MPT Grading: What Score Would I Get?
MPT grading can be a hard concept to wrap your head around. While there is generally a legal solution that is the most accurate conclusion, an MPT is not as cut and dry as an MBE problem. It’s also not as straightforward as the MEE, which has far fewer legal issues and facts to consider. Your score on the MPT can be a little more subjective. In order to guarantee you pick up as many points as you can, you need to consider MPT grading principles. There are many things you can think about as you write, and then as you review, to ensure you have a high scoring MPT answer.
MPT Grading: What Score Would I Get?
After you’ve completed a practice MPT, it is important to attempt to self-grade it. You need to have an understanding of what your strengths and weaknesses were when it came to putting together your response. Only then will you know how to improve on your next attempt. When you are reviewing your answer, evaluate it in response to the following questions that incorporate important MPT grading principles:
1. Organizational and mechanical MPT grading questions:
- Did I organize and format my task appropriately?
- Did I complete the task within the time constraints?
Answering no to these questions will hurt your score. The Examiners will be looking to see if you’ve formatted your answer correctly and that you’ve followed all organizational instructions in the task memo. They also want to make sure that you’ve completed the task. If you didn’t, then it is clear that you didn’t manage your time properly. All of these errors will take away from the quality of your response.
2. Writing style MPT grading questions:
- Is the tone appropriate (persuasive or objective)?
- Did I communicate clearly and eloquently given the time constraints?
- Is my communication manner appropriate for my audience (e.g. if you are writing to a layperson, you should not be using legalese!)?
Using the proper tone is critical because it demonstrates you understand the objective of the task. Understanding when to write persuasively or objectively is a very important skill for a lawyer, and the Examiners will test that on the MPT. You also need to be sure that you are properly communicating your arguments in a quality manner. While a grader does understand the time constraints, you don’t want your answer to appear choppy, rushed or incomplete. Further, you don’t want to be using language that your target audience wouldn’t understand! Keep all of these MPT grading principles in mind when writing your response to make sure it is of satisfactory quality.
3. Substantive legal MPT grading questions:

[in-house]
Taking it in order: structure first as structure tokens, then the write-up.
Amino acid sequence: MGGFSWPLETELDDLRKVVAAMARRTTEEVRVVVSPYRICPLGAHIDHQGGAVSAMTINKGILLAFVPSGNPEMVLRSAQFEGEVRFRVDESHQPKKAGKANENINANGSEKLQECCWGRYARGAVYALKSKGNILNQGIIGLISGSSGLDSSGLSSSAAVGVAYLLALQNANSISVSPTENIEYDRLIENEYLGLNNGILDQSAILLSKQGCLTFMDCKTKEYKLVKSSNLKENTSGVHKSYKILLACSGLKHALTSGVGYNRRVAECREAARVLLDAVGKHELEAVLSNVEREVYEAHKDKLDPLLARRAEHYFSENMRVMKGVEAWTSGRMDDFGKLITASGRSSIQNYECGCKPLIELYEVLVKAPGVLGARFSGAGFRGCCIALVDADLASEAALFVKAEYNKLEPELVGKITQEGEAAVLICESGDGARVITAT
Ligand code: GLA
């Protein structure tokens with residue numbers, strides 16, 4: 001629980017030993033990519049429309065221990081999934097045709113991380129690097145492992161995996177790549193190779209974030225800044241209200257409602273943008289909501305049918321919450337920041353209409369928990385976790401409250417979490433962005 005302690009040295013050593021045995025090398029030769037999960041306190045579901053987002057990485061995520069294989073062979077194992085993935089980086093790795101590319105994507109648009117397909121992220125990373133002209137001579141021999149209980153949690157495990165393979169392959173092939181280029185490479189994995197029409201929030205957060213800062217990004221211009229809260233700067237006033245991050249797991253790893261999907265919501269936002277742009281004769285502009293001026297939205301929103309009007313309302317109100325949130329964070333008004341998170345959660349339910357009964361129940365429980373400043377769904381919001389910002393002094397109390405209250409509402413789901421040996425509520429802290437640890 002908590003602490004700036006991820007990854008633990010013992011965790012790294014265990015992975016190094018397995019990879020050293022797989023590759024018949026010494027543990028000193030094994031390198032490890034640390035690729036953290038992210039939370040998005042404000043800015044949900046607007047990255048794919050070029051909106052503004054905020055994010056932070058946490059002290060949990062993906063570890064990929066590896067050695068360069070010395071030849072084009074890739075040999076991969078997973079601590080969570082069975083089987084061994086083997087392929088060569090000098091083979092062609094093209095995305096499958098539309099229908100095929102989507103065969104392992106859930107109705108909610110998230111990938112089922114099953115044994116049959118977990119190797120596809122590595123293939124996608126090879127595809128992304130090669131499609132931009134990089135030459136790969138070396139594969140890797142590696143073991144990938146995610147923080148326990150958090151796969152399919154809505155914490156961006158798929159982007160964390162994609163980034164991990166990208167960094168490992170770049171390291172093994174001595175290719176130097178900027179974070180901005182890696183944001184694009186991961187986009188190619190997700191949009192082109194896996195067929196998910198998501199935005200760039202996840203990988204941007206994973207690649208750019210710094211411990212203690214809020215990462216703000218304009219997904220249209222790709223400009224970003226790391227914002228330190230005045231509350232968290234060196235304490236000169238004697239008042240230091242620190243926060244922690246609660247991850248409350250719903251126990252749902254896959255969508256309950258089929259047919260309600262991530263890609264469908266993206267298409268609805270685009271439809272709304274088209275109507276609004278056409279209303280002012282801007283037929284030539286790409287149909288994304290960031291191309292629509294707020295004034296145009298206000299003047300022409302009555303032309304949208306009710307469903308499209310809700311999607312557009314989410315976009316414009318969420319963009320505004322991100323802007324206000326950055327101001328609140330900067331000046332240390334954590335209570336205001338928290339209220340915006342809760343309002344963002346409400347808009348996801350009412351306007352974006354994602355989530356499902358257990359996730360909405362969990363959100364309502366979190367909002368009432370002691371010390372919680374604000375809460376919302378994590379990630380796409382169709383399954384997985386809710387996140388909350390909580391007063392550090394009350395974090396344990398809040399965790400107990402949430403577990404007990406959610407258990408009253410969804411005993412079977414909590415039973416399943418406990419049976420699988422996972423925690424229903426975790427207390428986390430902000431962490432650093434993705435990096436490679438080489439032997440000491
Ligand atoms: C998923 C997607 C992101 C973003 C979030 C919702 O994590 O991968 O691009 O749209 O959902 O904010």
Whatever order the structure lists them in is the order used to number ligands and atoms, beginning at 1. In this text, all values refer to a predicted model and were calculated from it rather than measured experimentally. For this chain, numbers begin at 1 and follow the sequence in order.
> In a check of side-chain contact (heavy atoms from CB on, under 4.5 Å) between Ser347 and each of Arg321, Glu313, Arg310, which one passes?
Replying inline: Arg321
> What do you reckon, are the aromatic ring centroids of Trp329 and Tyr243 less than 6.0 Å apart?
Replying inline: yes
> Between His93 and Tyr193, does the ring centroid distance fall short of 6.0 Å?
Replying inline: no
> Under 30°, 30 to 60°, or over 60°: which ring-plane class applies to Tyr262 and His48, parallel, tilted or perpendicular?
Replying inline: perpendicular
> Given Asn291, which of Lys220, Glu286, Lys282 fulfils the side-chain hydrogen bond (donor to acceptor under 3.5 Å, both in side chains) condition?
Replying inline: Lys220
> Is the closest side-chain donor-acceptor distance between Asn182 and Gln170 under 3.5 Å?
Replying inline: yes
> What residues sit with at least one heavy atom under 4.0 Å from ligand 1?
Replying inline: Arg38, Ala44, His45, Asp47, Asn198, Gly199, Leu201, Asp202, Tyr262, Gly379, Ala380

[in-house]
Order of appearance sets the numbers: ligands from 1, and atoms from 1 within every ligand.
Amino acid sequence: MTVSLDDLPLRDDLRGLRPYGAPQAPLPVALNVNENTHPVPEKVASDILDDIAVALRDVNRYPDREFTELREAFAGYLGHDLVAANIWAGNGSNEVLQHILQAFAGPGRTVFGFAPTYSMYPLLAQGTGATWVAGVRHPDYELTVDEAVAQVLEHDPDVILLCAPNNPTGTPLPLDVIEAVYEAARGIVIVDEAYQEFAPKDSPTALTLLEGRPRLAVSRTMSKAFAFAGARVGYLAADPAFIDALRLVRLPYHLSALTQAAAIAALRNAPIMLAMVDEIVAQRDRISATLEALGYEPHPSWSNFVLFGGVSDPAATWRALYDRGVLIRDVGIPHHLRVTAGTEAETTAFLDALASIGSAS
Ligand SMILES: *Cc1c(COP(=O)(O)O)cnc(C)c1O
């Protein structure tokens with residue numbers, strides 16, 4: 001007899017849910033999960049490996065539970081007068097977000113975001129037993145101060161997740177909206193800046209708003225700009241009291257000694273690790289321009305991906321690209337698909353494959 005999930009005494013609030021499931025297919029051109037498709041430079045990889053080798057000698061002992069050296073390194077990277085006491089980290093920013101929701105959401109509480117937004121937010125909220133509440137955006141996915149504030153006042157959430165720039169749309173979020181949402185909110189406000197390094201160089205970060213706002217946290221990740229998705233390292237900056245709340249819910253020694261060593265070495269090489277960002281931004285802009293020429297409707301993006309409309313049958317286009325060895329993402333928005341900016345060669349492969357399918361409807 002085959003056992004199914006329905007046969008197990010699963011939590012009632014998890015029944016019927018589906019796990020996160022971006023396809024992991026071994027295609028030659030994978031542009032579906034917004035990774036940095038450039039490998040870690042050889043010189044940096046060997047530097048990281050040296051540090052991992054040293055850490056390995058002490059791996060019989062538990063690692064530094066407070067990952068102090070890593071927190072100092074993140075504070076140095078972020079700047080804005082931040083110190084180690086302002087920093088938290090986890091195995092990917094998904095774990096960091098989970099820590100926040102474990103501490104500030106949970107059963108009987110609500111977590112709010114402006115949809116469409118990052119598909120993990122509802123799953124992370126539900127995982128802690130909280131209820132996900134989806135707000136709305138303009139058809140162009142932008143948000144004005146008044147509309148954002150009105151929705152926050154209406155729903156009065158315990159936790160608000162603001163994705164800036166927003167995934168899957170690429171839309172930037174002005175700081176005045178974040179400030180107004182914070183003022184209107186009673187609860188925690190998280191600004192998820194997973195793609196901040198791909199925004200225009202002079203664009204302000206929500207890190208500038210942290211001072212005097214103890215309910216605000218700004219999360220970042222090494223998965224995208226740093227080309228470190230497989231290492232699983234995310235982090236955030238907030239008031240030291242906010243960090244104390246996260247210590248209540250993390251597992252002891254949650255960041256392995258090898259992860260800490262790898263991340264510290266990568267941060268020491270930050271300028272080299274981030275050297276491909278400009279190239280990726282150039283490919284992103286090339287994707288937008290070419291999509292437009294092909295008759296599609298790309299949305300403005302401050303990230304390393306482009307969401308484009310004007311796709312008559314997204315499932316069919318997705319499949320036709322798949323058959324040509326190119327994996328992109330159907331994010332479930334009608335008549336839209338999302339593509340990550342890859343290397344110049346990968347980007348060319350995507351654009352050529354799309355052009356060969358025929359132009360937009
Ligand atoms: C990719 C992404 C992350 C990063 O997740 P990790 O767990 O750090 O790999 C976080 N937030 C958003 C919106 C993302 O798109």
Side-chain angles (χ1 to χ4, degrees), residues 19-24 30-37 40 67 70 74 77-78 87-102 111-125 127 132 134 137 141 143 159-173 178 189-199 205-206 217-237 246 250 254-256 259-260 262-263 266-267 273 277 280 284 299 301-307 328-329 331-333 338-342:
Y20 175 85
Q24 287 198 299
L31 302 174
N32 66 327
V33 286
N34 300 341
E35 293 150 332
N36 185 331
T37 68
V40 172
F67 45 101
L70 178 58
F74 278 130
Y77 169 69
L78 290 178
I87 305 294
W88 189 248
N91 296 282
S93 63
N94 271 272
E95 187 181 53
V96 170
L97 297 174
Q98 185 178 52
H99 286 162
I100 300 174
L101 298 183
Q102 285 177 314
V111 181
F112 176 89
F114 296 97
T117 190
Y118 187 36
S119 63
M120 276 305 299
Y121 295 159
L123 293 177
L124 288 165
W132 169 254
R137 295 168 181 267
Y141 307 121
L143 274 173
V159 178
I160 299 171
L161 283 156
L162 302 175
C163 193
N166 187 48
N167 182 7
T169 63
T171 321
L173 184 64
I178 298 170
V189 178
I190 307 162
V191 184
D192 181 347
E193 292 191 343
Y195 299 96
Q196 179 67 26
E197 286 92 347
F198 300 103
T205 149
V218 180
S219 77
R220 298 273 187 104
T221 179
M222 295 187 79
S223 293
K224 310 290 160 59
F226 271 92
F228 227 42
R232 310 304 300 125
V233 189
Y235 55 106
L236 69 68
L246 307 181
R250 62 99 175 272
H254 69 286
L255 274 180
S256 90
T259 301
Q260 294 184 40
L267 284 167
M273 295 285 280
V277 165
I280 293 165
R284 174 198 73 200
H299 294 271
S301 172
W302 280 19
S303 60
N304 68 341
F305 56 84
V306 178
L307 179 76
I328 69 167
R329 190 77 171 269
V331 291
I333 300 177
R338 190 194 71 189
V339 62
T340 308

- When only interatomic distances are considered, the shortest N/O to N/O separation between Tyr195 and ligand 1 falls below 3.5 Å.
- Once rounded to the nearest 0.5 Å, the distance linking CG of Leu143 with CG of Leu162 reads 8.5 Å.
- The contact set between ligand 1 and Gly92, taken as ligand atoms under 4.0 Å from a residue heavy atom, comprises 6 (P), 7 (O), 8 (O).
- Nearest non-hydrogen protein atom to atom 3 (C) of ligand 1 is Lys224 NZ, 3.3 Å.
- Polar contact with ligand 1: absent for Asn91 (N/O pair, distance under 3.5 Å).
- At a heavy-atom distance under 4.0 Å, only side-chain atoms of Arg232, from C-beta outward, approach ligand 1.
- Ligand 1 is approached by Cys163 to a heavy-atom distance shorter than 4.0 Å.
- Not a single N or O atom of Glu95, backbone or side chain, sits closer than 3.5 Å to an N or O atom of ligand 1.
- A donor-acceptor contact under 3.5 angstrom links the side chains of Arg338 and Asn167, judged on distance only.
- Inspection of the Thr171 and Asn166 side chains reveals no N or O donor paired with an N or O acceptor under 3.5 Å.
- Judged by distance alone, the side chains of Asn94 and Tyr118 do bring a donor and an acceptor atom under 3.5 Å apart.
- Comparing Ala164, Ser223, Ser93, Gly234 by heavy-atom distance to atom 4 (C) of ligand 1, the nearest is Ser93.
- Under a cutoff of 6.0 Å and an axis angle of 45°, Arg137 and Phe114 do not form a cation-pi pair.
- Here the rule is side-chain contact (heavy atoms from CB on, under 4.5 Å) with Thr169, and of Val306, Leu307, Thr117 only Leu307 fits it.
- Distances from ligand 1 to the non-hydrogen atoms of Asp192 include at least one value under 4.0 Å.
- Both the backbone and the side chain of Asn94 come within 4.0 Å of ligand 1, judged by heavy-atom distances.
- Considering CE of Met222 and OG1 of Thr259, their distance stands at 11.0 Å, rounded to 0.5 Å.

- Did I identify the problem?
- Does my answer respond to the task posed?
- Are the relevant legal issues identified?
- Did I use the relevant facts from cases and did I appropriately analyze the facts I was given?
- Are all ethical dilemmas present resolved?
Crafting a strong, accurate legal analysis is certainly where you are going to pick up the majority of your points. After all, the bar exam is testing how well you can understand, interpret, and apply the law to various situations. You need to demonstrate that you can handle these tasks accurately in the real world. Being able to identify the problem and relevant legal issues is an essential skill. You need to thoroughly address these problems by applying the law you have to your facts. Compare the facts in the cases you are given with the ones in your problem to strengthen your argument and weaken any counterarguments. If you’ve done these things accurately, you stand a great chance of earning a higher score!
MPT Grading Rubric
When trying to figure out your MPT score, review the following rubric to help you understand your approximate MPT score:
Score of 6: A 6 answer is a very good answer. A 6 answer indicates that the applicant has a thorough comprehension of the task, the relevant factual and legal materials, and uses them to write a legally supported, well-written responsive product in the time allotted.
Score of 5: A 5 answer is an above average answer. A 5 answer demonstrates that the applicant has a fairly complete understanding of the task, understands most of the relevant materials, and uses them to write a legally supported, reasonably well-written, mostly responsive product in the time allotted.
Score of 4: A 4 answer is an average answer. A 4 answer indicates that an applicant has a fair understanding of the task and understands enough of the relevant materials to incorporate them into a satisfactory, though not completely responsive, product in the time allotted.
Score of 3: A 3 answer is a somewhat below average answer. A 3 answer is inadequate. It shows that the applicant has a limited understanding of the facts, issues, and applicable principles of law and is not able to write a satisfactorily responsive product in the time allotted.
Score of 2: A 2 answer is a below average answer. A 2 answer is significantly flawed and shows that the applicant has only a basic understanding of the task. It shows the applicant failed to grasp most of the relevant facts and law and thus has not produced a useful product in the time allotted.
Score of 1: A 1 answer is a well below average answer. It indicates a failure to understand the task. A 1 answer shows virtually no ability to identify the relevant facts or law in the time allotted.
Score of 0: A 0 answer is appropriate when an applicant does not write an answer at all. It is also appropriate if an answer is completely unresponsive to the question.
Laura Sigler, a JD Advising researcher and essay grader, wrote this post.